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Malala's father's passionate account of his amazing journey, the values that inspired Malala and how love drove him to fight for the rights of girls and women everywhere.


In this intimate and extraordinary memoir, Ziauddin Yousafzai, the father of Malala, gives a moving account of fatherhood and his lifelong fight for equality – proving there are many faces of feminism.

“Whenever anybody has asked me how Malala became who she is, I have often used the phrase. ‘Ask me not what I did but what I did not do. I did not clip her wings’”

For over twenty years, Ziauddin Yousafzai has been fighting for equality – first for Malala, his daughter – and then for all girls throughout the world living in patriarchal societies. Taught as a young boy in Pakistan to believe that he was inherently better than his sisters, Ziauddin rebelled against inequality at a young age. And when he had a daughter himself he vowed that Malala would have an education, something usually only given to boys, and he founded a school that Malala could attend.

Then in 2012, Malala was shot for standing up to the Taliban by continuing to go to her father's school, and Ziauddin almost lost the very person for whom his fight for equality began.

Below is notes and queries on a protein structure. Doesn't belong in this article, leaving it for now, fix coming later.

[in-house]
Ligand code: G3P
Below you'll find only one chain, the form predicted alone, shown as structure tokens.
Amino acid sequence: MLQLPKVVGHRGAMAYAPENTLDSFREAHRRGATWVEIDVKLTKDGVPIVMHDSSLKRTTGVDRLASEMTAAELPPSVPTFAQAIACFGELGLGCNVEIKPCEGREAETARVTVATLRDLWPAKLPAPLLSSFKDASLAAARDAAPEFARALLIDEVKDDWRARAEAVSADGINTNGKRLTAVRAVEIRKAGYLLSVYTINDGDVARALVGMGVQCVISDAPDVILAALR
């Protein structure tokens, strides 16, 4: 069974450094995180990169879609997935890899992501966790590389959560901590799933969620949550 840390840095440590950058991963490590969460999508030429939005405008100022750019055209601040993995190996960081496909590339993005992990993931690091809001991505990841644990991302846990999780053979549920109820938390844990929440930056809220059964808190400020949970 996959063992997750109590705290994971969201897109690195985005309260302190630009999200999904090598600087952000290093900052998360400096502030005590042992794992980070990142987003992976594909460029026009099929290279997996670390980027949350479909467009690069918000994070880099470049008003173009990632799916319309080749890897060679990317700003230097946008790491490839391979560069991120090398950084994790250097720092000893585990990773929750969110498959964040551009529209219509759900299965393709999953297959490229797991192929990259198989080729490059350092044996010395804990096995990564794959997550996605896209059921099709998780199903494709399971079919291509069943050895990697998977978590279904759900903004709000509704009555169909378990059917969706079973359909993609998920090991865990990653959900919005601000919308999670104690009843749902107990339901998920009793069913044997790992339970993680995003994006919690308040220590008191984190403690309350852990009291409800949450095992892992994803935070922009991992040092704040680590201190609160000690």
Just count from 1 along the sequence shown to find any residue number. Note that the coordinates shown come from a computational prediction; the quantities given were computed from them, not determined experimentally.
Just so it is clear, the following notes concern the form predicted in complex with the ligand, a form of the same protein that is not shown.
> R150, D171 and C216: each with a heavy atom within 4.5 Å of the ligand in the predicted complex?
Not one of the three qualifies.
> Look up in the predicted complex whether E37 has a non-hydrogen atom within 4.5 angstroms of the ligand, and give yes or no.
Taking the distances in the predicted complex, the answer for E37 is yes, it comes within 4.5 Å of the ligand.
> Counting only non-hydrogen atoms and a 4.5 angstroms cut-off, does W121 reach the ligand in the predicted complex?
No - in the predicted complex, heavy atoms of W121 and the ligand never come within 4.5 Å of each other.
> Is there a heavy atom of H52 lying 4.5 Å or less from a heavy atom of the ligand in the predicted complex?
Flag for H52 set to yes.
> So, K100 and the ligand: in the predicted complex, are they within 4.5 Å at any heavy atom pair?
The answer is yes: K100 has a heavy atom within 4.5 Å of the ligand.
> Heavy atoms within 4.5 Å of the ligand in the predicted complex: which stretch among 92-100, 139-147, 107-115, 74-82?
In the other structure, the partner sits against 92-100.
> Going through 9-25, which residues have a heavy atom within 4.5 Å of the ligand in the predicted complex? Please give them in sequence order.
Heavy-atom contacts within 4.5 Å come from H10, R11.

Let Her Fly is Ziauddin’s journey from a stammering boy growing up in a tiny village high in the mountains of Pakistan, through to being an activist for equality and the father of the youngest ever recipient of the Nobel Peace Prize, and now one of the most influential and inspiring young women on the planet.

Told through intimate portraits of each of Ziauddin’s closest relationships – as a son to a traditional father; as a father to Malala and her brothers, educated and growing up in the West; as a husband to a wife finally learning to read and write; as a brother to five sisters still living in the patriarchy – Let Her Fly looks at what it means to love, to have courage and fight for what is inherently right. Personal in its detail and universal in its themes, this landmark book shows why we must all keep fighting for the rights of girls and women everywhere.